Health & Wellbeing

Know How To Ask, Know How To Help: There’s more to say after R U OK?

This year has taken its toll on many of us. Callum Pull looks at available resources to help ourselves and others this R U Okay day.

2020 has been a long and hard year. Many of us are out of work, and life as we know it has changed dramatically. Separation from the people and the activities we love has caused enormous mental hardship for many of us. That’s why remembering to always ask each other ‘R U OK?’ is more important this year than it has ever been before.

The R U Okay movement began in 1995, when a much-loved man, Barry Larkin, was far from ok. In 2009, less than fourteen years after losing his father, Barry’s son, Gavin Larkin chose to champion just one question to honour his dad and to protect people in the future, “Are you OK?”

The movement was born out of the idea that one conversation could change a life. The passion of Gavin Larkin has left a legacy that is now a national Conversation Movement, which raises awareness and strives to equip Australians with the skills and confidence to support those struggling with life.

This year, the national R U OK campaign is raising awareness with the message, “There’s more to say after R U OK?” Having a proper conversation with someone about how they’re going takes strength, and you need to ensure you’re ready to take those next steps if someone isn’t OK. You should ensure you’re ready to “ask, listen, encourage action, and check in.”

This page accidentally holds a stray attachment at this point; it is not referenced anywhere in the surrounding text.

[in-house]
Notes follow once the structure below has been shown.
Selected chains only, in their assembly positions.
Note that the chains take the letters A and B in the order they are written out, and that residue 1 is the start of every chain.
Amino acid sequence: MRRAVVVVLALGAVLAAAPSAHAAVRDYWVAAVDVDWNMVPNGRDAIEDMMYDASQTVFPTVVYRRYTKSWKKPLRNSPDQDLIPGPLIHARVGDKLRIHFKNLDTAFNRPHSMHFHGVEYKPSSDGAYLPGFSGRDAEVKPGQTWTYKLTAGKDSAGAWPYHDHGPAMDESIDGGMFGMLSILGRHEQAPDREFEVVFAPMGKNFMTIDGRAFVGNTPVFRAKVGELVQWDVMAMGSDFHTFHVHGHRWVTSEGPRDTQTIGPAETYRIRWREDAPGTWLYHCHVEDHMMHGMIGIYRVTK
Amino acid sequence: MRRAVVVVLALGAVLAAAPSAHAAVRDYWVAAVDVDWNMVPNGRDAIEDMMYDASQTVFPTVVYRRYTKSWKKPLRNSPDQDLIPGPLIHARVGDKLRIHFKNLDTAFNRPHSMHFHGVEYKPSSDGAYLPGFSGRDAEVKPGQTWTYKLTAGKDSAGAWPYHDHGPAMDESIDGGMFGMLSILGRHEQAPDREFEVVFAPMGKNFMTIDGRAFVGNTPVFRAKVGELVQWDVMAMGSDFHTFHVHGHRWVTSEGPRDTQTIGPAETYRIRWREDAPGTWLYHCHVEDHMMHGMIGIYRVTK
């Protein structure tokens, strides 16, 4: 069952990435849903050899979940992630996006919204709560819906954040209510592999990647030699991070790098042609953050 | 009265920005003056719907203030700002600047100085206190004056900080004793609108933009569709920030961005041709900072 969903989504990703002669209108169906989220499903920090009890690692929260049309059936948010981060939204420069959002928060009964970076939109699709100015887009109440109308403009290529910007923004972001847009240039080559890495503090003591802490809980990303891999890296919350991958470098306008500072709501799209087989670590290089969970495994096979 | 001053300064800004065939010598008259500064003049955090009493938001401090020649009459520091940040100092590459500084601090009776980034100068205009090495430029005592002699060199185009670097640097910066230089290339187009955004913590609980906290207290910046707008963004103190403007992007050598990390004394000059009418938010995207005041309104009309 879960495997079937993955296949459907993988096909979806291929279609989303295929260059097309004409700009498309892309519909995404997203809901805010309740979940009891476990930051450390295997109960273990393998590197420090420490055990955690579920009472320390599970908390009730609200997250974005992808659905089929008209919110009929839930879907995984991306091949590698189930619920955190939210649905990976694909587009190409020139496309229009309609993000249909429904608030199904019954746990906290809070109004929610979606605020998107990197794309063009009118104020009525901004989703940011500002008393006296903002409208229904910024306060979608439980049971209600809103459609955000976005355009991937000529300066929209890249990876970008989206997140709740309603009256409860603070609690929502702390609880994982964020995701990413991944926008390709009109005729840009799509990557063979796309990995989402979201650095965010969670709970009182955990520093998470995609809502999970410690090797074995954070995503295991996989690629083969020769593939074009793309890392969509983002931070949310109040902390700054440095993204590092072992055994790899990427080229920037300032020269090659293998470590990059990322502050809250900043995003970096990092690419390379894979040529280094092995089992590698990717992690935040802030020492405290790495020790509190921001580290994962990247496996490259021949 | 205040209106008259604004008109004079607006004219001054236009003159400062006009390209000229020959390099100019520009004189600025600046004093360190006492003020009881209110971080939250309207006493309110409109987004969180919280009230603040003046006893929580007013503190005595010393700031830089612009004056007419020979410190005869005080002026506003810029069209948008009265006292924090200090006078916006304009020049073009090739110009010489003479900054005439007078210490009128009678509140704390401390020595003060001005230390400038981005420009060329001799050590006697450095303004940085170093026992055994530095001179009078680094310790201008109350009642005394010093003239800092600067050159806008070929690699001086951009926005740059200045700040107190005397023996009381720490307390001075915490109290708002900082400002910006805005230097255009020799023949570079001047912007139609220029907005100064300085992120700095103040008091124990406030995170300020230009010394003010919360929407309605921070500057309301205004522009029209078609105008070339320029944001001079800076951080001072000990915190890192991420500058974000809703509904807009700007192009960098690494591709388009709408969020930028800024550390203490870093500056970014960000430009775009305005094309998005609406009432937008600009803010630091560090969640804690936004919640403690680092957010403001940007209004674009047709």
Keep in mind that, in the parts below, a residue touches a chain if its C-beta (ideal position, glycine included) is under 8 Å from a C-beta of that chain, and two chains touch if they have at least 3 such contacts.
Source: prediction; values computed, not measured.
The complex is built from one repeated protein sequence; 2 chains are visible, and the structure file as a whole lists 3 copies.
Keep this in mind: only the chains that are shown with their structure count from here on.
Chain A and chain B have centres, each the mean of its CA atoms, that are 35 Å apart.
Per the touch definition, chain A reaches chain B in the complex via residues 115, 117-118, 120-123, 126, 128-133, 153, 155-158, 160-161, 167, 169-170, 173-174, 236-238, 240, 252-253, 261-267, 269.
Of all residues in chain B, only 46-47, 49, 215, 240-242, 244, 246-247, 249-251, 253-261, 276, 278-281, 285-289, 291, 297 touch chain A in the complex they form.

Here at the University of Newcastle, we are ready to ask each other ‘R U OK?’ It’s mid-semester, just as assessment tasks are heating up. Some of us will be having a hard time trying to balance our work and study commitments, made even worse by our social isolation. The University provides online resources to assist students which can be found online.

The online resources are designed to help students cope with Covid, and provides accessible tools which you can use to help you deal with things like “anger, anxiety, depression, stress, relationships, grief” and many others.

The University is promoting other online tools like the desk, UON Navigator: Taking care of you, Mindspot and eCliPSE UON. These are all online programs designed to help you with your physical and mental health. These resources can also be found on the above link.

For students living on campus, restricted to gatherings up to 10 outdoors, and so far away from their families, Student Living has ensured you’re always supported. First point of contact for anything you need help with are UoNs Residential Mentors. Every RM is there for you, students can shoot them a text or knock on their door when you’re needing a chat.

If your RM isn’t around, the Health and Wellbeing Coordinator will be. The Coordinator is here to support you whenever you need it. They’re highly qualified and best of all – free and confidential.

If you’ve asked your friend if they’re okay, its a good idea to know how to help if they tell you they aren’t. R U OK has published a pamphlet online that you can read and learn from, but here on campus, it’s important to know where to go. We have a UoN Counselling service, and an After-hours Crisis Support Line which you can call on 1300 653 007 or SMS 0488 884 165.

Know how to ask,
Know how to help,
There’s more to say after R U OK?

To find out more check out the R U OK website, and remember to ask R U OK?

 

Feature Image background by Trinity Kubassek from Pexels

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